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Digital libraries extend traditional library tools, collections, and metaphors in new and sometimes radical directions. Geoscience information, traditionally found in libraries in the form of maps, reports, books, and journal articles, can potentially gain enormous benefits from digital interfaces that allow geospatial information to be effectively searched and displayed in context. However, to many users of such a collection, the concepts within geoscience represent a barrier to use and understanding.

The Georgia Basin Digital Library (GBDL) Project examines community-based decision support for sustainable development, using digital geoscience information as a fundamental component. The context and relevance of geoscientific and other information in the GBDL is explained and represented through the use of semistructured representations based on architectural pattern languages, where a web of connected concepts are each contextualized using storytelling with supporting graphics. The GBDL allows multiple coexisting pattern networks, so that multiple perspectives on an idea, a situation, or a region are possible and in fact preferable.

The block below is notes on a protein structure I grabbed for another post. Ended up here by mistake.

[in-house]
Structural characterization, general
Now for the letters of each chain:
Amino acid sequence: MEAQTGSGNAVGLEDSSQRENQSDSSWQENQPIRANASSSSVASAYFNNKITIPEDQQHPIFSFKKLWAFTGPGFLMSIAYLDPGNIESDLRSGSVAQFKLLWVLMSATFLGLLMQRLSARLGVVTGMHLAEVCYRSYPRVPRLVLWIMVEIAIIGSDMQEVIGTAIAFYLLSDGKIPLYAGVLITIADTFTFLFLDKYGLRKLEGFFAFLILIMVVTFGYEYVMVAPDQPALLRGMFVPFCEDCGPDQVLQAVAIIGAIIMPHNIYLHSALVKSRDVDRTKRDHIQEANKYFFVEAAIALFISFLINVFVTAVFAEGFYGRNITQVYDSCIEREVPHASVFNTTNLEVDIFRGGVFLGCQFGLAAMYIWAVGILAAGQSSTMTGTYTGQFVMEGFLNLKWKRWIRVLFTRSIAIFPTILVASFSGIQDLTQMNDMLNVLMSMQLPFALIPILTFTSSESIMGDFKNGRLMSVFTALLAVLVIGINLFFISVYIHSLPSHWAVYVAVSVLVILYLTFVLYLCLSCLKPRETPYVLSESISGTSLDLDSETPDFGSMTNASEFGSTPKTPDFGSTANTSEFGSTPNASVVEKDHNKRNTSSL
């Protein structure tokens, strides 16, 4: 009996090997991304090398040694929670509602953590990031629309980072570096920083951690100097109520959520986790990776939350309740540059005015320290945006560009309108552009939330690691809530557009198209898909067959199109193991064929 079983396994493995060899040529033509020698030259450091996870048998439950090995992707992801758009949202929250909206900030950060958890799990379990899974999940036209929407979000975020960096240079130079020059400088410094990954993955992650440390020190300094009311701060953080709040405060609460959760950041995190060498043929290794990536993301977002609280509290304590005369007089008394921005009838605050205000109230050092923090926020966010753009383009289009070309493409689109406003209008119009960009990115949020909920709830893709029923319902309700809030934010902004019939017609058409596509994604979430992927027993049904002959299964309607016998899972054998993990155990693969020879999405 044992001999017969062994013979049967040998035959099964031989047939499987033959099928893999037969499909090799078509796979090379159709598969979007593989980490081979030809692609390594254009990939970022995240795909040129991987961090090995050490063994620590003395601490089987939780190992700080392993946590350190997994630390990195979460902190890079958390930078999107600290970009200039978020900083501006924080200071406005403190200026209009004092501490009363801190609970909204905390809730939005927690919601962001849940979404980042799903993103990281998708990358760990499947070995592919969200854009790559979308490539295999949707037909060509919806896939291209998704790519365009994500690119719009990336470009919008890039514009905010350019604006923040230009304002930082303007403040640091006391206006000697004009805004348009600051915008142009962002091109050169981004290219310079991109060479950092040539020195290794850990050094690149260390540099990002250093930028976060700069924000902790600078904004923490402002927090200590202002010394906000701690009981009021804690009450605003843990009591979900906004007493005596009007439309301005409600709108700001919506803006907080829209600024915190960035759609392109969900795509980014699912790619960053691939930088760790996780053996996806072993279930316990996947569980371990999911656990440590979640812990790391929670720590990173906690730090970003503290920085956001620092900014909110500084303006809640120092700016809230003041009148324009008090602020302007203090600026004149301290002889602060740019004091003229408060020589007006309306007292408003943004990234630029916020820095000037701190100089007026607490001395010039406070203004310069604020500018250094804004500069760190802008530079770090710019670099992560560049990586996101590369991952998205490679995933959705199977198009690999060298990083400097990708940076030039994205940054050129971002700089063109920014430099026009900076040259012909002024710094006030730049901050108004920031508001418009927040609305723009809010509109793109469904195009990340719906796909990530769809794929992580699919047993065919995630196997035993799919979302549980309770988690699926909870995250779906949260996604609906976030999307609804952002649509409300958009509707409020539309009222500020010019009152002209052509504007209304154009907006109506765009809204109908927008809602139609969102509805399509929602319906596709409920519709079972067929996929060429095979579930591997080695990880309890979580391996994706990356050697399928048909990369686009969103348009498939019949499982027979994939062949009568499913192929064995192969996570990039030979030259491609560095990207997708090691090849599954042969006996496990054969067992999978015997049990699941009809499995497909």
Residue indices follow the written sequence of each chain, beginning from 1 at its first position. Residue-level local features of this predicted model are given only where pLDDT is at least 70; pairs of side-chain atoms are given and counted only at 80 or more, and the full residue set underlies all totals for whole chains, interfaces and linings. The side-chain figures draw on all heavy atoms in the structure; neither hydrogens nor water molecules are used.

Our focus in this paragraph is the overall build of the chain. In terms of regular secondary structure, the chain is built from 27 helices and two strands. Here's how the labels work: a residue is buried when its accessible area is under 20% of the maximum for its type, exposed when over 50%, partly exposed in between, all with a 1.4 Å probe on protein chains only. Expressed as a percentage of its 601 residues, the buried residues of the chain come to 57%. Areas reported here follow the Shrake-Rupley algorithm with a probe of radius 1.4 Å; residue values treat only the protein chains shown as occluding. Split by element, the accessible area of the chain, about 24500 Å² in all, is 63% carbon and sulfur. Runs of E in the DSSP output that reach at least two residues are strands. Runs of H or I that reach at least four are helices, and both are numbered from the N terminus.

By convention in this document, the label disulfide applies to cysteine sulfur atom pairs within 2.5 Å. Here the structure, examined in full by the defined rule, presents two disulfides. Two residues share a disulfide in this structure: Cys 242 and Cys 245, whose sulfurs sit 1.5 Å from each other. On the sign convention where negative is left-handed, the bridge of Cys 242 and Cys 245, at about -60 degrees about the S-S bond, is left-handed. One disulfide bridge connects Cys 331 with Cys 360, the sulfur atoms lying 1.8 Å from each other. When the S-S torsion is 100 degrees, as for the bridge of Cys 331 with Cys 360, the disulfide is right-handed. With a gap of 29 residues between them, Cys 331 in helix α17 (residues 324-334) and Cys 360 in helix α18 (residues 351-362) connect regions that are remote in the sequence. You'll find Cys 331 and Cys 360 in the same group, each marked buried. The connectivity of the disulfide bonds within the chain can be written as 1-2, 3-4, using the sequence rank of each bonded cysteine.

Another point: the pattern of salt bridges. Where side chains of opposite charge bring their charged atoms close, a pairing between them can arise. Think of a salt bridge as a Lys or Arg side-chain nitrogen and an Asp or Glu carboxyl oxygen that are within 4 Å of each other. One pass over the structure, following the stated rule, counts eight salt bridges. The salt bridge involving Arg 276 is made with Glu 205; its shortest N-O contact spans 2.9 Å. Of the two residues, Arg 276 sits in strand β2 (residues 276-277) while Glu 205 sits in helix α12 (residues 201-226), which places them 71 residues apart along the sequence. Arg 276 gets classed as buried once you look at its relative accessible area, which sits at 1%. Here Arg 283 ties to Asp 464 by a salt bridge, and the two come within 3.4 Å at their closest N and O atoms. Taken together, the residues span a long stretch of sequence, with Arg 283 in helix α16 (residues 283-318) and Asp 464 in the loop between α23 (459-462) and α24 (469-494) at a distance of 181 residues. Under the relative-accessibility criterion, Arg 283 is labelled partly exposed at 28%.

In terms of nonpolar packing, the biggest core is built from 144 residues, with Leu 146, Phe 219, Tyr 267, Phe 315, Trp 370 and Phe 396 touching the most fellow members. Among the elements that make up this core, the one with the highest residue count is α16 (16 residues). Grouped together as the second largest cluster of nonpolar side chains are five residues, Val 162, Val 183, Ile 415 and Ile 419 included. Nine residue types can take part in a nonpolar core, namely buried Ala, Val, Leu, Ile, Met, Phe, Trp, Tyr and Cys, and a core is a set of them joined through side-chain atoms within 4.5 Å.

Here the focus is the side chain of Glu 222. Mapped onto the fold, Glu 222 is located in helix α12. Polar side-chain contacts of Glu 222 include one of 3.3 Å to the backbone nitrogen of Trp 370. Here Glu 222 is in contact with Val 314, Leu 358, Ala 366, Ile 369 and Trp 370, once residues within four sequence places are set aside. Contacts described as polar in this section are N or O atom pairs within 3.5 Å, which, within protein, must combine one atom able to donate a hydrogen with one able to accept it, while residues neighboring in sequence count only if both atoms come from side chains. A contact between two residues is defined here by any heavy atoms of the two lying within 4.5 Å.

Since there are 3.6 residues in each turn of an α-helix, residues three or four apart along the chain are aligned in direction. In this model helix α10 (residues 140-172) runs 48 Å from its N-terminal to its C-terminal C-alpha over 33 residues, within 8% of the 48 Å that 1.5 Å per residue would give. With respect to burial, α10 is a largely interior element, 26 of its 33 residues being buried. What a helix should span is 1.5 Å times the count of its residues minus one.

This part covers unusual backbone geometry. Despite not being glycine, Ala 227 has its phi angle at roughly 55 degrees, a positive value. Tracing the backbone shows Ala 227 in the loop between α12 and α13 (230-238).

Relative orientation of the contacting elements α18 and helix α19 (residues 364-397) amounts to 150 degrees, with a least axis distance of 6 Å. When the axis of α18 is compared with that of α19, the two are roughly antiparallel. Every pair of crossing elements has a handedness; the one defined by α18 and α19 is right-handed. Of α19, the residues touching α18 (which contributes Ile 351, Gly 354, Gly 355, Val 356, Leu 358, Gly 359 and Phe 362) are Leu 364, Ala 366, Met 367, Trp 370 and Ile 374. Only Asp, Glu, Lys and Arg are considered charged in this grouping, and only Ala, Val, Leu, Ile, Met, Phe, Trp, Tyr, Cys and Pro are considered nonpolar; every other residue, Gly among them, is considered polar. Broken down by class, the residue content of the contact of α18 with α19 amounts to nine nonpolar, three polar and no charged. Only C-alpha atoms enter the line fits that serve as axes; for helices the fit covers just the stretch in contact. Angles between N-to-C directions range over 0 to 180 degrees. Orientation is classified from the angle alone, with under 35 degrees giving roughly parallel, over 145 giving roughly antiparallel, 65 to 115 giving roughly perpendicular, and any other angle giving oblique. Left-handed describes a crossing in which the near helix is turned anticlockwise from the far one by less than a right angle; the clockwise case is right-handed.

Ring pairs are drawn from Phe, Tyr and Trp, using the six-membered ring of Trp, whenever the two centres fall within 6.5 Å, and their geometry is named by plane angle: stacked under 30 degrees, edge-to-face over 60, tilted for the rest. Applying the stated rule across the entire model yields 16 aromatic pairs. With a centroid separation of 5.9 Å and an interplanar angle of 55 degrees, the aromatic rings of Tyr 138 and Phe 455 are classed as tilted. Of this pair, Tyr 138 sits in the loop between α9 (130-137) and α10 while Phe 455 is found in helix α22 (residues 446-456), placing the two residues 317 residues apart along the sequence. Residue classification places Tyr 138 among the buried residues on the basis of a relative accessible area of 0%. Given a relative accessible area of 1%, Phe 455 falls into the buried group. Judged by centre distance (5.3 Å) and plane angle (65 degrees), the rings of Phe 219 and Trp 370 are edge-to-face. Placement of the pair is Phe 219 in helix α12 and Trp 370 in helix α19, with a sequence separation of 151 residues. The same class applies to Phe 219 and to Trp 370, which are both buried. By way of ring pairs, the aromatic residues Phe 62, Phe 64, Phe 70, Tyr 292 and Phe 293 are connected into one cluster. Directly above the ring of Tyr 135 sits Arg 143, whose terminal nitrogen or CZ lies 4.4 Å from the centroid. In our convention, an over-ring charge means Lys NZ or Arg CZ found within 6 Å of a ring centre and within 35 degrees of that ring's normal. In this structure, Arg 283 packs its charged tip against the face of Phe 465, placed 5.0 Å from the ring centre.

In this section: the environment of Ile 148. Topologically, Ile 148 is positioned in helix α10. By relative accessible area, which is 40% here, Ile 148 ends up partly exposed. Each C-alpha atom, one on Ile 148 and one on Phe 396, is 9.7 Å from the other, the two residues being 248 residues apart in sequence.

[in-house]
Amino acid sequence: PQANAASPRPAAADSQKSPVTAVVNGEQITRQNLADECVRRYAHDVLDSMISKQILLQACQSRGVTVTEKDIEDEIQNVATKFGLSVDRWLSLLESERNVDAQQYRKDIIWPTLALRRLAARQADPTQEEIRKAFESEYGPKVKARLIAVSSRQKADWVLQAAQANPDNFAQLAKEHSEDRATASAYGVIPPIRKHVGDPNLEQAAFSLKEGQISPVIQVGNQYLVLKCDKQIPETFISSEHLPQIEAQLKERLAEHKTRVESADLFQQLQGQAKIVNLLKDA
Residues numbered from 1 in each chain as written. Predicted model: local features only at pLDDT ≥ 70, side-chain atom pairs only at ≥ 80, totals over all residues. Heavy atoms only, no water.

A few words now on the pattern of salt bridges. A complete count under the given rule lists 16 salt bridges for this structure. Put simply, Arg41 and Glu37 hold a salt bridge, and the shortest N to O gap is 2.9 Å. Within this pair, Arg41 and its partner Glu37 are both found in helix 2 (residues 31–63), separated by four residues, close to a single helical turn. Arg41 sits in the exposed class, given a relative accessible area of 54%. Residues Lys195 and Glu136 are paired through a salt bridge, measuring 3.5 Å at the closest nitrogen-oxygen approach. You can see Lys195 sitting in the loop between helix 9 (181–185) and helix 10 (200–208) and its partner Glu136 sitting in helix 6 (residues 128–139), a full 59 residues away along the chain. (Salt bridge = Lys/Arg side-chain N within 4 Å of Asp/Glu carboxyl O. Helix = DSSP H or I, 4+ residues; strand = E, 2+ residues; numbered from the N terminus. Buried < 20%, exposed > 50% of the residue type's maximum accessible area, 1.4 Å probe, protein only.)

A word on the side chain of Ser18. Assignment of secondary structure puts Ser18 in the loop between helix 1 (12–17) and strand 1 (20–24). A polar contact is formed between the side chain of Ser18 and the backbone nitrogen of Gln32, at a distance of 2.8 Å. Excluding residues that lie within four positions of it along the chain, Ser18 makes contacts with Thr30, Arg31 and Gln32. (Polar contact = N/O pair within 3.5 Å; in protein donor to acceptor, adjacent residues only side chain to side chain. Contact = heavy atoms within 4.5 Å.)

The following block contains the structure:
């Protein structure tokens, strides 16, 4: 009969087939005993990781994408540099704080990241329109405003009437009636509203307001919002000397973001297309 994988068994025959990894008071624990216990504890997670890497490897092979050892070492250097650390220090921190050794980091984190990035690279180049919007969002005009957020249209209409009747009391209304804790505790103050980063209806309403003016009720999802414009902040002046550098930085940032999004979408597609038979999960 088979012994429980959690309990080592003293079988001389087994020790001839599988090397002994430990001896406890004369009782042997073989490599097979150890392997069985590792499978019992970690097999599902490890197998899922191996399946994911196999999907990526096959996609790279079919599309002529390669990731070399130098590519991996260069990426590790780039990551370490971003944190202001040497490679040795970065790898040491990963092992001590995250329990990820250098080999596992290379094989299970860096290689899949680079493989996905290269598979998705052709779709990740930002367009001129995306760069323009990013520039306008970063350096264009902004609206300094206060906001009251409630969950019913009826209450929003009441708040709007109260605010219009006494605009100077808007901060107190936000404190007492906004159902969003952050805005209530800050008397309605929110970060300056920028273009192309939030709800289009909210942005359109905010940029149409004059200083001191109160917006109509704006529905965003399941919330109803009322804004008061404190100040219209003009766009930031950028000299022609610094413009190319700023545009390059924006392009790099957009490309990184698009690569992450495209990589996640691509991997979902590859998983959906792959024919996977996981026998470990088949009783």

The GBDL interface makes use of geographic information systems (GIS) components to show maps, such that the point of engagement for a user might alternatively be a story, a map, a photo, or a text heading. Linking the mapping component directly to the pattern framework allows for community-level contextualization of ideas and stories.

For geoscientists, the ideas in the GBDL are relevant both as novel approaches to sharing geoscience information with the public and as approaches that can be applied to specialized scientific discourse in the future. As the Web evolves, geoscience information systems and communication must evolve along with it; the GBDL shows one such evolutionary pathway.

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